VUKE also has extremely low and practically insignificant fees of just 0.09%. As before it is all handled for you. No fees are charged separately, aside from Vanguard account fees.
Vanguard funds are popular because they are some of the most cost-effective funds out there.
Not seeing as much growth as the US market the FTSE 100 has over the last 100 years seen around 7.5% or after we take inflation into account around 5%.
Still impressive and in owning both VUKE and VUSA we give our portfolios even more diversity not only in different sectors but in different economies.
This is not the whole story though. The Dividend Yield of VUKE is 5.95% currently. Meaning not much growth is happening at the moment, but we can rely on that nice dividend coming in each and every quarter.
All of the returns stated above are WITH dividends reinvested. You must reinvest each and every dividend to give you maximum returns when you actually need the money.
Just by reinvesting the dividend, you will increase your annual returns by around 2% going off the data from the last 25 years or so.
2% does not sound all that much but its a lot when compounded over 30 years.
After a while of investing in Exchange-Traded Funds, you may, like me want a little more control. That is is where dividend investing comes in. You must research each individual company you choose to invest in.
This not only gives you full control of exactly where your money goes, it means you will be getting much more dividends. As an example, my portfolio is currently getting around a 4% yield in dividends alone.
Dividend investing is not for everyone – it is more for people who are really into it and interested in gaining the knowledge needed to do your own research.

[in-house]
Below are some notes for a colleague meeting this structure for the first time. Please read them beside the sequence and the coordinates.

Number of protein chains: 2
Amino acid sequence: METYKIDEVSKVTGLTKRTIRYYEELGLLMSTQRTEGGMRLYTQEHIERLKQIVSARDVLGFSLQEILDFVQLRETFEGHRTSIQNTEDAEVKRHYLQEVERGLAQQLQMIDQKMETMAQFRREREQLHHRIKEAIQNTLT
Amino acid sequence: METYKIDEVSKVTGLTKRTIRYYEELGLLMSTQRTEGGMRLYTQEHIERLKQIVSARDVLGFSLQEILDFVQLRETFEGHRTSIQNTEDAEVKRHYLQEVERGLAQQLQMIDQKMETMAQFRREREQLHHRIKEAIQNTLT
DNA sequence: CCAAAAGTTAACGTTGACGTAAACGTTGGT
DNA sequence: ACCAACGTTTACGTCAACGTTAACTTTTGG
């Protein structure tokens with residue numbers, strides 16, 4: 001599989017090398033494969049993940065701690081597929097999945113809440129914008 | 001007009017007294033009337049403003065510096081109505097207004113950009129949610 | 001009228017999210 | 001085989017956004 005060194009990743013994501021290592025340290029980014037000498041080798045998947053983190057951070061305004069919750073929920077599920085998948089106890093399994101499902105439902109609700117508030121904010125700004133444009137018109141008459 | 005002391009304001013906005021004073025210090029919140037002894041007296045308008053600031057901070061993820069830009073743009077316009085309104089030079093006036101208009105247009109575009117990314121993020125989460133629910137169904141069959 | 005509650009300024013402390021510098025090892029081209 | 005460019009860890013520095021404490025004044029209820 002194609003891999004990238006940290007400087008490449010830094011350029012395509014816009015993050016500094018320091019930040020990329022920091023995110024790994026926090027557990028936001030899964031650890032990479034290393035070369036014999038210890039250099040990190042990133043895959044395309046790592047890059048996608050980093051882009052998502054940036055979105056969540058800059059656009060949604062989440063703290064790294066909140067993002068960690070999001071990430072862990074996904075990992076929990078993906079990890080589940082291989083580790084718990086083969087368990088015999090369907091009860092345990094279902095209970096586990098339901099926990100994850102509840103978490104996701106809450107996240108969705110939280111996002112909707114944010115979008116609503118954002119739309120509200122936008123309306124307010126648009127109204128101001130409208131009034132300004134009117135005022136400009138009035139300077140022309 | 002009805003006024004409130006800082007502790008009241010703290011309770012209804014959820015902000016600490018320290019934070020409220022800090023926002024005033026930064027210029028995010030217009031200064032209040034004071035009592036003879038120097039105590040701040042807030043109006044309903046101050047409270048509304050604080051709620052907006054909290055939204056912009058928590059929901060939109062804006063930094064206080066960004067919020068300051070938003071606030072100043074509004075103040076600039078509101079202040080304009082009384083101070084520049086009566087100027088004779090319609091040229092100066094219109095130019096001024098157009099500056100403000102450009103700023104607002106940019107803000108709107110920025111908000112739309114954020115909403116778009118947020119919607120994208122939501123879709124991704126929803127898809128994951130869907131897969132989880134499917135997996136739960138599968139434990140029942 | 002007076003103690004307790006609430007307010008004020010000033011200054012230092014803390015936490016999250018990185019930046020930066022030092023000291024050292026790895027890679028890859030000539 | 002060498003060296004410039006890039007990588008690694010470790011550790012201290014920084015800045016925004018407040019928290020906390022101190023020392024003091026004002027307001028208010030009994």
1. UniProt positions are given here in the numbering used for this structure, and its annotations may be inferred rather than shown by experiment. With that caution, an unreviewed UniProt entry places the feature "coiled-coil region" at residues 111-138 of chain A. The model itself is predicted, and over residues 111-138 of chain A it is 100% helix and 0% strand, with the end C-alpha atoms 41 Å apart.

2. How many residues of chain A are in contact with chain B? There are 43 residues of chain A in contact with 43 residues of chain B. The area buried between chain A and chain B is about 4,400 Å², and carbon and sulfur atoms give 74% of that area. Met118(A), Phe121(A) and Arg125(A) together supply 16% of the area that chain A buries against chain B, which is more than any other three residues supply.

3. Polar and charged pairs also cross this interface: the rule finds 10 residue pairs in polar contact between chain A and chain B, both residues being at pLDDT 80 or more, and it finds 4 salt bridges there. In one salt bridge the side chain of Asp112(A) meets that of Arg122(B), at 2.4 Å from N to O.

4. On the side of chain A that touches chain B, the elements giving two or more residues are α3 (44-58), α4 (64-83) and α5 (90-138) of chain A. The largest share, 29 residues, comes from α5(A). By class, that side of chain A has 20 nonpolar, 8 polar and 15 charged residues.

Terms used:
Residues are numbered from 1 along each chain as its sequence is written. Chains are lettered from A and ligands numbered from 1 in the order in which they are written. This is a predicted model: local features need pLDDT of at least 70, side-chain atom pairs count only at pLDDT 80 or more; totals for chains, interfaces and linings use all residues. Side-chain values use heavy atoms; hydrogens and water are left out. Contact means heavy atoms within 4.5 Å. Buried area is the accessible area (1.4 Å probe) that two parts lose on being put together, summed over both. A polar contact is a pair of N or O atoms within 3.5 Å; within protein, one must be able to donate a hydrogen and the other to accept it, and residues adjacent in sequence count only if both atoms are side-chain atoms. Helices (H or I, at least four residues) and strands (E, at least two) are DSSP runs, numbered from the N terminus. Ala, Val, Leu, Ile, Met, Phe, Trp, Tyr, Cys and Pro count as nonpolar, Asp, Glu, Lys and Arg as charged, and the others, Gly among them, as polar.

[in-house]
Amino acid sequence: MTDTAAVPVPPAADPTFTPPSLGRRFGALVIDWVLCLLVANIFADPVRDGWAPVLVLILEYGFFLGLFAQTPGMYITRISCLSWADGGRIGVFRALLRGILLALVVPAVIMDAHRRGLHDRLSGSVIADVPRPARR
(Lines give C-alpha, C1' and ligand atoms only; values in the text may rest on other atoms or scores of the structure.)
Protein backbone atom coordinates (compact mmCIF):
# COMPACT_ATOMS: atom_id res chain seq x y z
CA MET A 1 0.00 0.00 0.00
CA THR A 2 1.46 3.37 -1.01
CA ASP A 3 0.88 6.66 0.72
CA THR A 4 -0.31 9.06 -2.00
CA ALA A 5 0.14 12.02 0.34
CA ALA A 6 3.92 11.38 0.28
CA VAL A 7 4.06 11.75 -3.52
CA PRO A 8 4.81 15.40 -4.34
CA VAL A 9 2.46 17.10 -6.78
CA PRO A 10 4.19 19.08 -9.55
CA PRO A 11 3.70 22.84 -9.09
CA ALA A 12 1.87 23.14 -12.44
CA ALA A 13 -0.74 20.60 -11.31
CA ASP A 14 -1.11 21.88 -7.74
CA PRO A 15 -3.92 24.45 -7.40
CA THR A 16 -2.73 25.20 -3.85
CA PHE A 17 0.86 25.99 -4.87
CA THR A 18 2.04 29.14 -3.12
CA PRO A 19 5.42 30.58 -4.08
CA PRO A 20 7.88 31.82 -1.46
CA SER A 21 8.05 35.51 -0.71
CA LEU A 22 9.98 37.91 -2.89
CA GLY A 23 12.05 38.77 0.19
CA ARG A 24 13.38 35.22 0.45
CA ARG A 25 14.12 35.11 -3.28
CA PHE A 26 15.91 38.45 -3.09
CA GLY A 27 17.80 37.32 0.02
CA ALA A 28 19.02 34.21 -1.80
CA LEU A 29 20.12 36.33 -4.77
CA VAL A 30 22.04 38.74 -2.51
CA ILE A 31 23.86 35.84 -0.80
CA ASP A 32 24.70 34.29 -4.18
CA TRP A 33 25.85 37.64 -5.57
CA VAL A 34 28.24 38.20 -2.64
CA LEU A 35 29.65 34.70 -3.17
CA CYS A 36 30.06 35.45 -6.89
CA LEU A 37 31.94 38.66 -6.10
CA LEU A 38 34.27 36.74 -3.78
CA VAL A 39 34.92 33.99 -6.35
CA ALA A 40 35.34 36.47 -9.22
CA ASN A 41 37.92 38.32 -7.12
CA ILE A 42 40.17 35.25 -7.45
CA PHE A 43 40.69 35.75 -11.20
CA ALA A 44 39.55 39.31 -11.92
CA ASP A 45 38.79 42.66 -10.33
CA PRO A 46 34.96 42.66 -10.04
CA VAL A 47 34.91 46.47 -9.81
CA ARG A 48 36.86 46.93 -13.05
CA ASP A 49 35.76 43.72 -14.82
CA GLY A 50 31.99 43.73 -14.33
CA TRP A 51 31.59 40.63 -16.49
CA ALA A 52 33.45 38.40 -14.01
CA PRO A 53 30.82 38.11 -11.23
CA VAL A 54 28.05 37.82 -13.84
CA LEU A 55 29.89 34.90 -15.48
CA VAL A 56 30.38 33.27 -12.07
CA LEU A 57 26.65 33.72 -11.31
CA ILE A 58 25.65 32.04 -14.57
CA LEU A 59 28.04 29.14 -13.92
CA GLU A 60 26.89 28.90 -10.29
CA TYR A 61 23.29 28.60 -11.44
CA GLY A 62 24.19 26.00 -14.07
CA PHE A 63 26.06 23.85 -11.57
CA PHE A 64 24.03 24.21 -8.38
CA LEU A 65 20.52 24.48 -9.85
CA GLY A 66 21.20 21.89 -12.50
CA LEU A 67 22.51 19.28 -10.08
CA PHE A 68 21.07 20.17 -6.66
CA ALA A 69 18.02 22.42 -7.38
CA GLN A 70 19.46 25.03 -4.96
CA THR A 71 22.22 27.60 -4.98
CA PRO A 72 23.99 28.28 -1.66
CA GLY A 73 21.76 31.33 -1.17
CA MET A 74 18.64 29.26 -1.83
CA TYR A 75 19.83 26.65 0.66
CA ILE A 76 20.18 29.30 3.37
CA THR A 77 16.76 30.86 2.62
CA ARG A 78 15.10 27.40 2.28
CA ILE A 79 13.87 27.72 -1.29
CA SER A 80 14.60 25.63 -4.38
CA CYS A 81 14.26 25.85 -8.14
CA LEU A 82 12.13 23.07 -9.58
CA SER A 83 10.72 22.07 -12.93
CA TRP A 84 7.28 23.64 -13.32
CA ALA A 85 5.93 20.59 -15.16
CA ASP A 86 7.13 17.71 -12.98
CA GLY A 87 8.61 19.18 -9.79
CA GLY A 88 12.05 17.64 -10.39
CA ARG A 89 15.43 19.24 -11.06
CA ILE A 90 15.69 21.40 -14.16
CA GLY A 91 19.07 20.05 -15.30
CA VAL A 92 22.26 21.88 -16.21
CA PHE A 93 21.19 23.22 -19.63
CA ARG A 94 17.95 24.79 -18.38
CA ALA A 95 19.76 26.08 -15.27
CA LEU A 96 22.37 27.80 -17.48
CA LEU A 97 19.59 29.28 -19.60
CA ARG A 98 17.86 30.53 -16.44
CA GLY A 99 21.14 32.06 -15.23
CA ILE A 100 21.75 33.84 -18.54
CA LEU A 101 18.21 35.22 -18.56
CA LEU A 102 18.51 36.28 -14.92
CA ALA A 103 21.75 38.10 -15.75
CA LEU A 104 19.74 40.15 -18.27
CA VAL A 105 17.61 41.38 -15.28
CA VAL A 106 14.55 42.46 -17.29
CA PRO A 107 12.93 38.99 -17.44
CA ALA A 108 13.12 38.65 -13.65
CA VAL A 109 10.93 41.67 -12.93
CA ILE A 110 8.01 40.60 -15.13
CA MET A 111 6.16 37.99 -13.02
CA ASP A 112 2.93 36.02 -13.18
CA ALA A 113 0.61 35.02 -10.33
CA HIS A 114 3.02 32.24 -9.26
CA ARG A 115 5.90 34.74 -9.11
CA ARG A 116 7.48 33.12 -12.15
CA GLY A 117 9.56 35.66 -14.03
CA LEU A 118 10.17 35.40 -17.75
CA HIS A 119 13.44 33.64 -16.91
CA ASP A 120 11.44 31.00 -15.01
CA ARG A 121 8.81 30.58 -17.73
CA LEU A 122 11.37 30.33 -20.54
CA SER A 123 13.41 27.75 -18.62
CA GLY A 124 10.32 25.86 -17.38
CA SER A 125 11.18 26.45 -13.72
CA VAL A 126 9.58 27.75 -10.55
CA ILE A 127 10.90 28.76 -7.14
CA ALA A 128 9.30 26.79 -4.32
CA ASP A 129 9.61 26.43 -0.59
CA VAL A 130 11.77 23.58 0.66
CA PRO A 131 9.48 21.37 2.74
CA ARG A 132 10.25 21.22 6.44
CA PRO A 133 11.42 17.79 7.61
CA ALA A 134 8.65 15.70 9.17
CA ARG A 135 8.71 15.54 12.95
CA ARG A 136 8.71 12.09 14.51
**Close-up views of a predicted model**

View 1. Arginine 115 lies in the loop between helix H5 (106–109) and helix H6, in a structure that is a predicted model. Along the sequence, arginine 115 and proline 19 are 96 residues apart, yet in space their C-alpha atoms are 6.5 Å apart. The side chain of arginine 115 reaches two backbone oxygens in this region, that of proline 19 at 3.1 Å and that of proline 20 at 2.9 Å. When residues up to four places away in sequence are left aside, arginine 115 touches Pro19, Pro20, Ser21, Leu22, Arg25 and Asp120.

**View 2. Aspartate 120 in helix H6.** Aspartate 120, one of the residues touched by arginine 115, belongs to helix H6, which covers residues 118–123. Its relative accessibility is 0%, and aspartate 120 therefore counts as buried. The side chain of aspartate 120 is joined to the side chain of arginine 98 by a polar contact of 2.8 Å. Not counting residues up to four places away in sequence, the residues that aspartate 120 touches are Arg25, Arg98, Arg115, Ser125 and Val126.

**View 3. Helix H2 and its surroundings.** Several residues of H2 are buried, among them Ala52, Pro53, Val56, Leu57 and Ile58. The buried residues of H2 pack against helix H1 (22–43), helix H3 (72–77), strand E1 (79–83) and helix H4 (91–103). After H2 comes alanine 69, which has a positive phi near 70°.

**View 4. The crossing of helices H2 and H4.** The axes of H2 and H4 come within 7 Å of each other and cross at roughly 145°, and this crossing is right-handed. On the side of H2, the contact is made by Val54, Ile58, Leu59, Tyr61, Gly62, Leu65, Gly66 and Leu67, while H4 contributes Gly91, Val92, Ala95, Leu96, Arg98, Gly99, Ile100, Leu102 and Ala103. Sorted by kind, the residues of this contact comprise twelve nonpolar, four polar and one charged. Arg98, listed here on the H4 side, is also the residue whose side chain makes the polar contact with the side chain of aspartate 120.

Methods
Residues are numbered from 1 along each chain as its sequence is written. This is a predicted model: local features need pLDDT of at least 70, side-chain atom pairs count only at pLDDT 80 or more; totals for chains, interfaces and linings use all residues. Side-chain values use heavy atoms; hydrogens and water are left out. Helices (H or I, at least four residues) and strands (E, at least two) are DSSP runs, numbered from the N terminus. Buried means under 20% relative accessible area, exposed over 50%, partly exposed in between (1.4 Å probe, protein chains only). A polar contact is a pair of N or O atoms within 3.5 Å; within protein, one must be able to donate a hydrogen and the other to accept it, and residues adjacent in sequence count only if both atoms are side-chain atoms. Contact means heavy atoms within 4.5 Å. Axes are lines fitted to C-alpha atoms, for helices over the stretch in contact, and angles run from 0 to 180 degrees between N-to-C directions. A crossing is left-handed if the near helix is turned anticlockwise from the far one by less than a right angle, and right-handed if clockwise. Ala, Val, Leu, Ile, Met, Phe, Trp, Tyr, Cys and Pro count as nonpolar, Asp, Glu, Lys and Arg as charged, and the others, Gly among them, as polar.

On the other hand, an Exchange-Traded Fund is pretty much totally passive – just keep consistently putting money into the ETFs if the market is up or down. Over time it will pay off. Dividend Investing requires you to keep track of the companies within your portfolio to see if anything needs to be changed.
That may be simply an adjustment to sector allocation or something a little more serious like a company cutting its dividend. You must decide what to do in this situation then.
However with an Exchange-Traded Fund, if a company cuts its dividend, it will not make all that much of a difference – especially if say 3 other companies raise theirs. This is why diversification is very important in a dividend growth portfolio.
Dividend Portfolio Example
Now in April alone, I have had about £45 in total, a nice improvement on March.
As mentioned both Ford and Boeing have cut their dividend. Not a huge concern as they are only very small positions. I shall likely keep both and just see what happens rather than crystalize the loss on them now.
After all, you only lose money when you actually sell! Long term they may bounce back.
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None of the above should be used as financial advice, I am not a professional. Always do your own research.